Fringe Festival star on a roll

Nancy Kenny in a telephone booth, wearing roller skates and a helmet. One leg is raised and rests on the payphone

“At its core, the play inspires people to go out and try new things, to be a hero in their own lives.” 

—     Nancy Kenny

By Leah Geller

Nancy Kenny remembers the exact moment she got the idea for Roller Derby Saved My Soul, her award-winning, one-woman fringe festival show.  

She had performed at the Ottawa Fringe Festival ever since her enrollment as a theatre student at uOttawa, and had fallen in love with the Festival and its people. “They create their own work, travel across the country, perform, make money and drink beer,” said Kenny, laughing.

She had seen many solo fringe shows over the years and knew that she wanted to create one herself — but she had no idea where to start. Then, in 2009, she was browsing through a community newspaper in an Ottawa coffee shop when she read that the city was getting its first roller-derby team.

“I knew that was it,” Kenny says. “The light bulb moment. There just seemed something so theatrical about roller derby.”

The fact that she had never roller-skated or watched roller-derby didn’t stop her. She trained with teams in Ottawa and Toronto and, she says, “the story developed from there. I was turning 30 and feeling a bit left behind. My younger sister was already married and had kids.”

The play centres on Amy, who has just turned 30 and is still watching Buffy the Vampire Slayer reruns in her basement apartment. She can’t possibly live up to the example set by her accomplished younger sister.

“Amy is obsessed with comic book heroes and then discovers this sport where she, too, can be a superhero,” Kenny explains. “It’s a very heartwarming, charming, funny story. But at its core, the play inspires people to go out and try new things, to be a hero in their own lives.” 

Best-in-Fest Award

Kenny’s hit show premiered in 2011, and since then Kenny has been touring the country. The show has scooped up multiple honours, including a Best-in-Fest Award at the Ottawa Fringe Festival and a nomination for Best One-Person Show from the Canadian Comedy Awards.

“When the Alumni Association contacted me about doing the show during Alumni Week, I was really flattered. The school meant a lot to me,” says Kenny, who graduated in 2004 with an Honours BA in Theatre, with concentrations in political science and Canadian studies.

“My experience at uOttawa really helped me develop as an entrepreneur — or what I like to call an ‘artrepreneur’. I created a lot of events during my time there, and I learned how to become self-sufficient very quickly. I definitely wouldn’t be the person I am today without that experience.”

Kenny has been involved in theatre production since 2005, initially as a co-founder of Ottawa's Evolution Theatre before branching out on her own with Broken Turtle Productions. For more than a decade, she has also worked in marketing and promotions, most recently as a social media and community manager for VIA Rail. “I love travelling and appreciate the freedom and flexibility I get from working online,” she says.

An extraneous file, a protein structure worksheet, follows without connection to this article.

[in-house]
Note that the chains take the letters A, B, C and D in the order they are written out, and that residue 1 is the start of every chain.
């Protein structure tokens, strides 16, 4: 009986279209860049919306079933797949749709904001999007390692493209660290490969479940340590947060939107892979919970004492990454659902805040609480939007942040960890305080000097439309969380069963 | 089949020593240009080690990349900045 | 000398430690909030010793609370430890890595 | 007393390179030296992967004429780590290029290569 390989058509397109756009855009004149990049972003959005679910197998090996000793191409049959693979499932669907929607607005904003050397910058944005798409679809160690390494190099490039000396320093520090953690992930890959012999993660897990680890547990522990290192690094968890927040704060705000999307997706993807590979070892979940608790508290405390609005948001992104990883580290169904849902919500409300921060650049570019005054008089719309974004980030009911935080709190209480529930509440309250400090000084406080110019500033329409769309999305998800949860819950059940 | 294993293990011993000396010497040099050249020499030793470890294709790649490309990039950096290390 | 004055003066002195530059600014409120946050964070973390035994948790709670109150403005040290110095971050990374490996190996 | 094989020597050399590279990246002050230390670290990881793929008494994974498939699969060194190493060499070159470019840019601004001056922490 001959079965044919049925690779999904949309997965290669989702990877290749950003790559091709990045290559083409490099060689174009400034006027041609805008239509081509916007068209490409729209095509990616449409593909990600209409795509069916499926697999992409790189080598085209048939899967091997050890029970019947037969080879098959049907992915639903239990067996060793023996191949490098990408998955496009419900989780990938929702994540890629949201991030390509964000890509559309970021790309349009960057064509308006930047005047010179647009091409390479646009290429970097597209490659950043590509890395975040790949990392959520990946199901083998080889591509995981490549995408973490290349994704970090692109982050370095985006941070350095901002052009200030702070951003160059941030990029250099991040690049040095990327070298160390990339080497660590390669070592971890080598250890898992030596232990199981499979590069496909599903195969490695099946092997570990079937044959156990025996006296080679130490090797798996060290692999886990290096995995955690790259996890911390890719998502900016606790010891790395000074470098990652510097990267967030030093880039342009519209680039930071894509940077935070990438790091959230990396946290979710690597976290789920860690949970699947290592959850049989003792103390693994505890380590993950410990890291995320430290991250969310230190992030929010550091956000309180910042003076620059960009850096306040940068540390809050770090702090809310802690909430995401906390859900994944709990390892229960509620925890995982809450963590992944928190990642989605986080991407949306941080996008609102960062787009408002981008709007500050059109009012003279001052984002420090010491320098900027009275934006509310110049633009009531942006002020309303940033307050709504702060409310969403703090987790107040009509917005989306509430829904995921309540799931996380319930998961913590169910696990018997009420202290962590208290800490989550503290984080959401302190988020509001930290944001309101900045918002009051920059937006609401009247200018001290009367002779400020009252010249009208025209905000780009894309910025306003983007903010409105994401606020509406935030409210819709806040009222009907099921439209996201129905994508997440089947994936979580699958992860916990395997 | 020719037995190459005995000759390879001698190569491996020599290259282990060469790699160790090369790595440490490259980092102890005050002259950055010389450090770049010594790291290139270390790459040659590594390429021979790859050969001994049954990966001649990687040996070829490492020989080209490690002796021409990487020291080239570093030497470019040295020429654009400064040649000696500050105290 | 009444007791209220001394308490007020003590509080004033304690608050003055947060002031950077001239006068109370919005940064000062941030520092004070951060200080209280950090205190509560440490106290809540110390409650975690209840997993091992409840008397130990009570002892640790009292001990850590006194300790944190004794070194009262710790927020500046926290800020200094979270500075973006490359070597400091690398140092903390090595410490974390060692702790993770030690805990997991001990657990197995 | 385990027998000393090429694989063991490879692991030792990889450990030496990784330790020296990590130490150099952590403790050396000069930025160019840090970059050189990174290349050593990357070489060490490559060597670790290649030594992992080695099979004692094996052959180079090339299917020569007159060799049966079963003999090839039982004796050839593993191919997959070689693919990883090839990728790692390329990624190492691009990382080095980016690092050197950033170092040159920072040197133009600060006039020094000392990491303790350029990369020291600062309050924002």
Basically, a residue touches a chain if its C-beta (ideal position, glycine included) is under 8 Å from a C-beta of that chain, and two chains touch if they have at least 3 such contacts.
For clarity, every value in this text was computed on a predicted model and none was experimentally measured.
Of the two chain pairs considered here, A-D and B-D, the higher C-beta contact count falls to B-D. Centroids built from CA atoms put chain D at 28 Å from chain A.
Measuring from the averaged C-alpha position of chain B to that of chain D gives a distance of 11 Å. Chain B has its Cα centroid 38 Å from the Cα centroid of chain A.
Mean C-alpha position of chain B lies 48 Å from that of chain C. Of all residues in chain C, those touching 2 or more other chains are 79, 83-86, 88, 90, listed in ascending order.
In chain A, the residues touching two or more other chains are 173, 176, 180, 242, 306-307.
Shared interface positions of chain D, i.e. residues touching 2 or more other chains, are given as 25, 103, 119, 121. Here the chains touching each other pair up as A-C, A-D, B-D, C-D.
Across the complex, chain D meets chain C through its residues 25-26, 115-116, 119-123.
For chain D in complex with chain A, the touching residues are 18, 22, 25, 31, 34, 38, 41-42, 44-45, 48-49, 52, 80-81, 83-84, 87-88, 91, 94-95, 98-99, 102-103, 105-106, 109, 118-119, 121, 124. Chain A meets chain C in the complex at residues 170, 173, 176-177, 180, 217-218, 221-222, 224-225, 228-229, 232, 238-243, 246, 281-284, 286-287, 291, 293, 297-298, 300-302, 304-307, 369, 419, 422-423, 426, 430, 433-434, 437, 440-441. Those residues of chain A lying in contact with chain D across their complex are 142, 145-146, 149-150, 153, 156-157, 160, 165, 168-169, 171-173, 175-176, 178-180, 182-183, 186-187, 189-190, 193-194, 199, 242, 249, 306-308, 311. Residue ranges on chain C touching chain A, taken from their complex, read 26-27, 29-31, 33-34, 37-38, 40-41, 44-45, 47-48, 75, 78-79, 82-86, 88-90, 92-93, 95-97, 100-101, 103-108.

Originally from Bathurst, New Brunswick, Kenny now calls Ottawa home, although she spends most of her time on the road. Most recently, she has been touring with The Little Prince for children’s theatre. Other credits include The Amorous Ambassador for Upper Canada Playhouse and Erasermen, a short film selected by the Toronto International Film Festival.

Fully bilingual, she translated into French, and then performed in, Edward Allan Baker's Dolores, which won an award for Outstanding Drama at the Ottawa Fringe Festival. She is also a founding member of Toronto’s only French improv league, Les Improbables.

Nancy Kenny, in a T-shirt and wearing a backpack, chats with people standing in line to attend a fringe festival.

In a still from On the Fringe, Nancy Kenny hands out flyers promoting her show.

"Making movies is hard"

Kenny’s latest venture is the production of a feature-length documentary about the fringe festival circuit. “For years, people said there should be a doc about the Fringe. It’s such an interesting, weird and unique thing in this country,” she says.

In 2014, Kenny and two colleagues spent four months travelling across Canada to document eight fringe performers, including Kenny, in 10 cities. Now in post-production, On the Fringe will be test-screened at fringe festivals over the summer before targeting the documentary film festival circuit.

“Making movies is hard and costs a lot of money,” she says. “We raised $10,000 through Indiegogo, but I think I’ve spent about $40,000. It was difficult because we weren’t eligible for a lot of grants. On the other hand, we got an amazing sponsorship from Hunt Club Volkswagen, which provided us with a car to go across the country.”

Kenny is proud of the film and may add another skill to her lengthy resumé: “I never thought I’d be a film producer, but maybe this is something I’ll do more of in the future.”

And she is delighted to have returned recently to her alma mater with her hit show.

“The University of Ottawa offered a really well-rounded education,” she says. “I learned a lot about the technical aspects of acting. But I also learned about the social context of theatre, how it influences people and how art can change the way you see the world.”

Main photo:
Nancy Kenny has taken her award-winning solo show to fringe festivals across the country. Photo: Richard Gilmore


Young woman staples a poster reading “On the Fringe” to a wall festooned with many smaller leaflets advertising Fringe Festival shows.

Promotional poster for On the Fringe, Nancy Kenny’s documentary film about the fringe festival circuit, made with Natalie Watson and Cory Thibert. Poster design: Petr Maur

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